March 17th we celebrate St. Patrick’s Day. For me that has mostly consisted of trying to remember to wear green- a color that is pretty scant in my wardrobe because I’m not a fan. Makes me look jaundiced. It occurred to me that this day is named after a patron saint and yet mostly what I associated with it are quite secular practices: drinking green beer, raucous parades, leprechauns and shamrocks. Ok, the shamrock has been associated with the Trinity, I’ll give you that.
I decided to do a little research to understand a little more behind St. Patrick. Of course we know him as the patron saint for Ireland and here is why. He was actually born in Brittain but he and his family were captured by some Irish pirates when he was 16 years old and served as a slave shepherd for 6 years in Ireland before escaping back to Brittain. During those 6 lonely years he apparently turned to God and became religious. After his freedom he went to France and studied religion. He was called to become a missionary and go back to guess where? Ireland! 16 years later he returned as a Catholic Bishop. He died on March 17th so why this date.
It is believed the he brought Christianity to Ireland but that is not so true. Christianity was already there in pockets although Ireland was mostly a pagan country. He did successfully organize and grow Christianity across the island and establish a strong Christian practice there. He did so by incorporating Christianity into the native practices instead of rejecting completely what was already there. (Good to note for those of trying to figure out how to connect a relevant Christian faith to a growing secular world around us.)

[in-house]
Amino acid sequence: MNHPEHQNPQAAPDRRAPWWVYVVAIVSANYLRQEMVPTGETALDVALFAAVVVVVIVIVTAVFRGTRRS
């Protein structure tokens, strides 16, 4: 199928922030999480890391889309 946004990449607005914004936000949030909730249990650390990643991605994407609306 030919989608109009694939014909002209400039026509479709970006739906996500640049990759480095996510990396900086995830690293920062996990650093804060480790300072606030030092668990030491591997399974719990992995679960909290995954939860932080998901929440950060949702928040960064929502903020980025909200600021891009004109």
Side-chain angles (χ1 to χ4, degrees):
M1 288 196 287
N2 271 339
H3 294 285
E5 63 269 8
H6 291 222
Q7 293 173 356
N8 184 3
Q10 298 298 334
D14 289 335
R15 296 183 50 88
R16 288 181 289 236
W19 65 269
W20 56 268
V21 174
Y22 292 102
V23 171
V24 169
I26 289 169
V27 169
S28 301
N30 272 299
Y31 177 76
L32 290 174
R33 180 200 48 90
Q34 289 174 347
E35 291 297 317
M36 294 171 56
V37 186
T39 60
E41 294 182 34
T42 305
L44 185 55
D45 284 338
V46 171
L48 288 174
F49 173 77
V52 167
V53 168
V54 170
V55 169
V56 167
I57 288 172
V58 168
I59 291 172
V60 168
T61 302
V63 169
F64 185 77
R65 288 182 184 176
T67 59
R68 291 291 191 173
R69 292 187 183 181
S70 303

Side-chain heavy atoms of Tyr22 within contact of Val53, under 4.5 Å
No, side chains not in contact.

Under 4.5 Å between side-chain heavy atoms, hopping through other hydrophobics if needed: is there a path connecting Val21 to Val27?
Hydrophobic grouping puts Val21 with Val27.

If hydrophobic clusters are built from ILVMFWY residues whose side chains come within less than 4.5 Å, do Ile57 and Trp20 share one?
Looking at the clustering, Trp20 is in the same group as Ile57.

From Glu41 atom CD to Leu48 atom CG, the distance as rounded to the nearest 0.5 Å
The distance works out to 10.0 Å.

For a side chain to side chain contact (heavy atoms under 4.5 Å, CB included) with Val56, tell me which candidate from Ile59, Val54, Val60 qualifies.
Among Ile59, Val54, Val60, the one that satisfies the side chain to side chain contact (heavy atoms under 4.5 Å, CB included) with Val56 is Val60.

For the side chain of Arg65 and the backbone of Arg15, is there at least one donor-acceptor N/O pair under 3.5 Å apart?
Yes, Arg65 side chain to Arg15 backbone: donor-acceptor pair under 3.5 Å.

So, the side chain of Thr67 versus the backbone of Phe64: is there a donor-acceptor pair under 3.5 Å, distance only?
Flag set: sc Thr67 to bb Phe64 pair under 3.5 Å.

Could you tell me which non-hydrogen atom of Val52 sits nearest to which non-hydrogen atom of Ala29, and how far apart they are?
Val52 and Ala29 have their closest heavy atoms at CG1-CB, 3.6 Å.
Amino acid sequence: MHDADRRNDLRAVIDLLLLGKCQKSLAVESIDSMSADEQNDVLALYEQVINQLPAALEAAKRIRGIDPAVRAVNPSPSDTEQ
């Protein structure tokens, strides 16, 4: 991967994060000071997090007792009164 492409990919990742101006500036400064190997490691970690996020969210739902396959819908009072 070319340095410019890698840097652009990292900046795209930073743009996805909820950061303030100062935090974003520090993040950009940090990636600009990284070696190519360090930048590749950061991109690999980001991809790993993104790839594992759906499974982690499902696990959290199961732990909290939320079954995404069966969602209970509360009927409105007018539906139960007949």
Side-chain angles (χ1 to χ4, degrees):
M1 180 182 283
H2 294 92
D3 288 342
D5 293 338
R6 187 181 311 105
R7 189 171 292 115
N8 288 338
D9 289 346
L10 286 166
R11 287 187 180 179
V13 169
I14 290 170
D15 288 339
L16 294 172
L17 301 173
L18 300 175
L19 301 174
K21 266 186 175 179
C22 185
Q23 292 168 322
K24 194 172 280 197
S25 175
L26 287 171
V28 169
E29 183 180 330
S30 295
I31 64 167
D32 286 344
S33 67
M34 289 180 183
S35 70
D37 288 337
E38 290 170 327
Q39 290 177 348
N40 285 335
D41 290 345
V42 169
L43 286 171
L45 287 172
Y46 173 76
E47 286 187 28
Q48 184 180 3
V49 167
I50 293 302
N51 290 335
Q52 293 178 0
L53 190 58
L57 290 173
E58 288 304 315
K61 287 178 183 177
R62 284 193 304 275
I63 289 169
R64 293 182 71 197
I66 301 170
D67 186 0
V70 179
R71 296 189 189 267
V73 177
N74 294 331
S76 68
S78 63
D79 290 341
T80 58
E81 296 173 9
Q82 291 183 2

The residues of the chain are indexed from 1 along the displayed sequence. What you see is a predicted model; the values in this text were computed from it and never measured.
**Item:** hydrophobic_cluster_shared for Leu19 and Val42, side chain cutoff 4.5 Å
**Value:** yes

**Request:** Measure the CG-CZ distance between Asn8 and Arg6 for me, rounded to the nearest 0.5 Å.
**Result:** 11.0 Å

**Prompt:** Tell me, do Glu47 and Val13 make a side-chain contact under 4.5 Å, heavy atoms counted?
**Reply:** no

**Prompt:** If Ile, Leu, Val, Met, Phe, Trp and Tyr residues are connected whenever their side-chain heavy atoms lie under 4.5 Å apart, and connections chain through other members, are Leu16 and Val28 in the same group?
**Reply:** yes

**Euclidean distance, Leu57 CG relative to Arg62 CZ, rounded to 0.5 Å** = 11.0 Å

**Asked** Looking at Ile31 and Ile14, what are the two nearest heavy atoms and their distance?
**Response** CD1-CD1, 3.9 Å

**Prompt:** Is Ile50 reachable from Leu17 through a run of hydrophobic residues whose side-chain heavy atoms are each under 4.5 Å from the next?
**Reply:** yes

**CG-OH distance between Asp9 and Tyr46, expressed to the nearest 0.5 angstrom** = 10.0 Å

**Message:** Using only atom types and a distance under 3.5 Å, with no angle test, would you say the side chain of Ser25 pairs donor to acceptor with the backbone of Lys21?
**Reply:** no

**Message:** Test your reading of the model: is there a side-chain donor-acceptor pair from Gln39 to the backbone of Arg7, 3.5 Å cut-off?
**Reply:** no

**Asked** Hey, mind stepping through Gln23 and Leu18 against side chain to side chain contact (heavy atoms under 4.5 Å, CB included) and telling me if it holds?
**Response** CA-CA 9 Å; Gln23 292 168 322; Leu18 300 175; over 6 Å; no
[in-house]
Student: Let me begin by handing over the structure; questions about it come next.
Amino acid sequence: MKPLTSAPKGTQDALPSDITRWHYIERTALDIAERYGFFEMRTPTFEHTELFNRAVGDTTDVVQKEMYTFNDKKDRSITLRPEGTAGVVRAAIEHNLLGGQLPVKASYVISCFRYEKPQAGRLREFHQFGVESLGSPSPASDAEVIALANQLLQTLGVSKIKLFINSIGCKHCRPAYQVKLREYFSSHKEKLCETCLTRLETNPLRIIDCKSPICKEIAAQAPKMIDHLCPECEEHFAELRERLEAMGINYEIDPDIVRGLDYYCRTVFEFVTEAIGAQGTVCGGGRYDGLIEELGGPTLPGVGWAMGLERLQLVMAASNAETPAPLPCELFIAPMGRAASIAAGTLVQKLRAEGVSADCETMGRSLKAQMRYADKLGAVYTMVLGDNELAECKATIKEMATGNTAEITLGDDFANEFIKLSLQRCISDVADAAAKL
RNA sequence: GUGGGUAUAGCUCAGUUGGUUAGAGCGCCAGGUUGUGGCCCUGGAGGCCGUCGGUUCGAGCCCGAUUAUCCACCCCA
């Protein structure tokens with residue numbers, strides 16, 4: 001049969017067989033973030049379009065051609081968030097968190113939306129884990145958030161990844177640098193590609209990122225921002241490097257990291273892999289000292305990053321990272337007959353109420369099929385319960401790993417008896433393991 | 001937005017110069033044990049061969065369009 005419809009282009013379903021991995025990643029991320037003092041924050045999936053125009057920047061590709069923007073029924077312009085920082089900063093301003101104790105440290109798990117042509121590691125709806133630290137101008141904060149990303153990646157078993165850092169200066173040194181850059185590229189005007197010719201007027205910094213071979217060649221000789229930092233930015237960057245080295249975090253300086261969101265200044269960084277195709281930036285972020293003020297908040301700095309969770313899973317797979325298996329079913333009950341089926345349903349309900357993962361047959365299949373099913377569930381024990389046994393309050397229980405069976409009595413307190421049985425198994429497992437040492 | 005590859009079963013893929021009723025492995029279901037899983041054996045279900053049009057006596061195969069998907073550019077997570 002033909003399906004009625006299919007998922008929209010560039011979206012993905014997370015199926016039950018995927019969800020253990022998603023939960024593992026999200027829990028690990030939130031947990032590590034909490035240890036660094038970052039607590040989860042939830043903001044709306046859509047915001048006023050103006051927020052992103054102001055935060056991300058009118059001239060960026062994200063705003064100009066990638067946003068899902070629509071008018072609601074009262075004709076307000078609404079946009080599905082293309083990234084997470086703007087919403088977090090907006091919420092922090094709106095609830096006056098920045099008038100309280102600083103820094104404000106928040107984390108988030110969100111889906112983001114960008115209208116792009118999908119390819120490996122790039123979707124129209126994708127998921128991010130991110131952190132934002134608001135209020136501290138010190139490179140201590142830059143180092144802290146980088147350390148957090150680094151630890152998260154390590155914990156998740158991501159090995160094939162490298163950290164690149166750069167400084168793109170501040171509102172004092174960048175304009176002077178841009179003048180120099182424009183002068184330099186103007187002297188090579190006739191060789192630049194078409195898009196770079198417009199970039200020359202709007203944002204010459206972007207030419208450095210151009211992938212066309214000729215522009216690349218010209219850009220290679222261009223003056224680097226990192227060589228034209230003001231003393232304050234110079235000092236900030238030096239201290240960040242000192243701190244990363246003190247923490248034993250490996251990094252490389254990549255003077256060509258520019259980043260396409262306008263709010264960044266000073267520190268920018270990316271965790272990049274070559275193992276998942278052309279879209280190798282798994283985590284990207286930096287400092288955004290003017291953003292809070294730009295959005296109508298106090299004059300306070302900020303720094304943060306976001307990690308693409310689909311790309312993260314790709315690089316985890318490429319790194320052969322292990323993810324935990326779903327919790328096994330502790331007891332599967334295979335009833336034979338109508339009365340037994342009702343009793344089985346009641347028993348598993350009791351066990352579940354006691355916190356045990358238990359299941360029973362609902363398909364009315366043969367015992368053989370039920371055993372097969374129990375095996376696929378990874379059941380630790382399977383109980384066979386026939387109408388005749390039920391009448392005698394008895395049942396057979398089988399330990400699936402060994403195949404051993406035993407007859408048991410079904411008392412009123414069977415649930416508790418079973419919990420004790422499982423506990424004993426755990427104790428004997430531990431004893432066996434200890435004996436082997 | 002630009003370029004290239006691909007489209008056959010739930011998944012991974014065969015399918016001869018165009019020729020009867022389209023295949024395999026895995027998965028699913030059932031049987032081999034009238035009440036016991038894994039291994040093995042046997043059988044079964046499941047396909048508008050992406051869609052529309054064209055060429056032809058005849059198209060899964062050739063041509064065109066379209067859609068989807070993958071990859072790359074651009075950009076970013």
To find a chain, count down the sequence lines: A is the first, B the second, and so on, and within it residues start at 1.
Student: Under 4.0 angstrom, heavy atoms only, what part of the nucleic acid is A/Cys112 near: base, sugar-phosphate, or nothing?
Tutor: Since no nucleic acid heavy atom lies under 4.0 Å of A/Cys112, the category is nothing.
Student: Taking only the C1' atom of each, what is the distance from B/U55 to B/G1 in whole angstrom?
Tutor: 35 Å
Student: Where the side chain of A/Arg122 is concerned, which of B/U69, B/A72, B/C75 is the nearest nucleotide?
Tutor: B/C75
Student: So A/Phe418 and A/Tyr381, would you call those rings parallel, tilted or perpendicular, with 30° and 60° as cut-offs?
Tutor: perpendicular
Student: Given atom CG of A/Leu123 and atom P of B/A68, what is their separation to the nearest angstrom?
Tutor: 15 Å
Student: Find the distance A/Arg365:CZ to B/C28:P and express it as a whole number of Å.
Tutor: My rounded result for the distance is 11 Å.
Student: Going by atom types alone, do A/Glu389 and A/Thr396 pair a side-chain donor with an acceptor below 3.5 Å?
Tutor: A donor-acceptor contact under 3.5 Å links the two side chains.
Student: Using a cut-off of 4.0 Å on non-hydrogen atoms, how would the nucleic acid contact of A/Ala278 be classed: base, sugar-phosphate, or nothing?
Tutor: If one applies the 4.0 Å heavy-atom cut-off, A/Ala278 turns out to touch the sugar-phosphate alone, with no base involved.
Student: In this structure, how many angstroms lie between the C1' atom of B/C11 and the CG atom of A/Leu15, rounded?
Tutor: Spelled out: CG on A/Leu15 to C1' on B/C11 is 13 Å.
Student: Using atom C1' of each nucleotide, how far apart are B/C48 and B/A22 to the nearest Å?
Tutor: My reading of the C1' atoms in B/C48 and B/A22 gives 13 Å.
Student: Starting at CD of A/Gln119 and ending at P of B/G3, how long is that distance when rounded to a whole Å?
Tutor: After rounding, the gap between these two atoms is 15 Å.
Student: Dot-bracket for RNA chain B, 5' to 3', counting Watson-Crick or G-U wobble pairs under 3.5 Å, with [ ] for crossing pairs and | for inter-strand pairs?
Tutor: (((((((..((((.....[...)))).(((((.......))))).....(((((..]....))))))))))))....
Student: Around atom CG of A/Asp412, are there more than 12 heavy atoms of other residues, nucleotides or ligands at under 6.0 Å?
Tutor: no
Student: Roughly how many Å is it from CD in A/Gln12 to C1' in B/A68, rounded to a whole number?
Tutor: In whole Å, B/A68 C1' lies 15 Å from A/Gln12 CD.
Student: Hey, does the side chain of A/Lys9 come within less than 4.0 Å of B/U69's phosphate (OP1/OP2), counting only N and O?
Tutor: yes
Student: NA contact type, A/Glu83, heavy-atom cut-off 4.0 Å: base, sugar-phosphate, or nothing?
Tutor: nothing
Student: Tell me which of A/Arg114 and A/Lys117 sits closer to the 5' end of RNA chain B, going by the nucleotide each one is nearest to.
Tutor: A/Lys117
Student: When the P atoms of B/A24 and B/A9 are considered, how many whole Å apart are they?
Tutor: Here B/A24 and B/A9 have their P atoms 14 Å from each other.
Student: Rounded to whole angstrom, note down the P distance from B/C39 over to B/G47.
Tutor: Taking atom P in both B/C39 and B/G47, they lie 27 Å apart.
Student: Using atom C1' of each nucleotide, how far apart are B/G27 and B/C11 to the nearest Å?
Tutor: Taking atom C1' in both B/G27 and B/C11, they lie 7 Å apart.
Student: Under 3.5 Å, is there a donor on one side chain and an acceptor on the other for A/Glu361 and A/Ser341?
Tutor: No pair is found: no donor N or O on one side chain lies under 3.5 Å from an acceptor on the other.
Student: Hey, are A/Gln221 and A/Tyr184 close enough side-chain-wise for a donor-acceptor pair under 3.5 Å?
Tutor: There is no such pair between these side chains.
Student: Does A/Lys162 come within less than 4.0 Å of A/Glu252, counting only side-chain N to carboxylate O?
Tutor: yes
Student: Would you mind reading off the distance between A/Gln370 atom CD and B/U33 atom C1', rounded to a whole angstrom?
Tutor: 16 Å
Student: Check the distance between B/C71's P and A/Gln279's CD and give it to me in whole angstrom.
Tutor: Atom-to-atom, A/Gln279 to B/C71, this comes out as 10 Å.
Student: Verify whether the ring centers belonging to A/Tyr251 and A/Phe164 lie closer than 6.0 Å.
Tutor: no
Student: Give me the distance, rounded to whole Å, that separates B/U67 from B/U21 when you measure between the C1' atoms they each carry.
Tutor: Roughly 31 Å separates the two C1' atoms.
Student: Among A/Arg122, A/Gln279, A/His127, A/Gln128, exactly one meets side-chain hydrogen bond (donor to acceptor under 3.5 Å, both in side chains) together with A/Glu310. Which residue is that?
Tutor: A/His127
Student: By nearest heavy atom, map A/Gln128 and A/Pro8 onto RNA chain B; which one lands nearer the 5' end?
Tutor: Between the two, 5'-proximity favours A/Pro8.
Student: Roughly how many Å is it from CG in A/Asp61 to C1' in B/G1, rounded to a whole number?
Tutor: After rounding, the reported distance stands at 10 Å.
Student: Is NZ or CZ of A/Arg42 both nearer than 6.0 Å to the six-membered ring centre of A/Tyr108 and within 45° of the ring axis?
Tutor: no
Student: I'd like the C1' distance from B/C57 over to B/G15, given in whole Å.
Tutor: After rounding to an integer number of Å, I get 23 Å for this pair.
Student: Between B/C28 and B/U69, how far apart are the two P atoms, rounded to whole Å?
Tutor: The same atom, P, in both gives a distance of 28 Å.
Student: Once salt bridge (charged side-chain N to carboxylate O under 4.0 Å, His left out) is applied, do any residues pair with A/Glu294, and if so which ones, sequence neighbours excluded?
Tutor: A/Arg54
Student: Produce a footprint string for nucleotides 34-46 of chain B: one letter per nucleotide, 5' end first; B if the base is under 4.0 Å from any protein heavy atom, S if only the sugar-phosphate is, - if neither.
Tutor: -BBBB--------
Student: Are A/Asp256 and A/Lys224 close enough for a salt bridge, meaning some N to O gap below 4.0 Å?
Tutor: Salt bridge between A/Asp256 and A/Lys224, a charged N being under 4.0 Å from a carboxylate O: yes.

So if you in any way honor or acknowledge St. Patrick’s Day then consider the fact that he is remembered and venerated because he was a successful missionary and evangelist who figured out how to bring Christ to a new culture and group of people – the very ones who enslaved him as a teenager. Maybe it’s worth reflecting on today how we live our lives in a way that might possibly point others to who Jesus is. Maybe talking about St. Patrick today is a way to open the door to that conversation!
Grace and Peace,
2 thoughts on “St. Patrick’s Day”
Darn good research.
Your blog won’t satisfy my longing for weekly conversation with you, over a cup of coffee (or spiced apple cider) and the opportunity for a closer friendship, but I enjoy it greatly. Thank you for taking the time. Like St. Patrick in Ireland, during my months on the Navajo Reservation, it became obvious that the most successful Christian outreaches were those that accepted some amount of blending with the relegious practices passed down through the generations. I don’t think that God minds being called by a non-Jewish name if the human intent is a closer union with Him.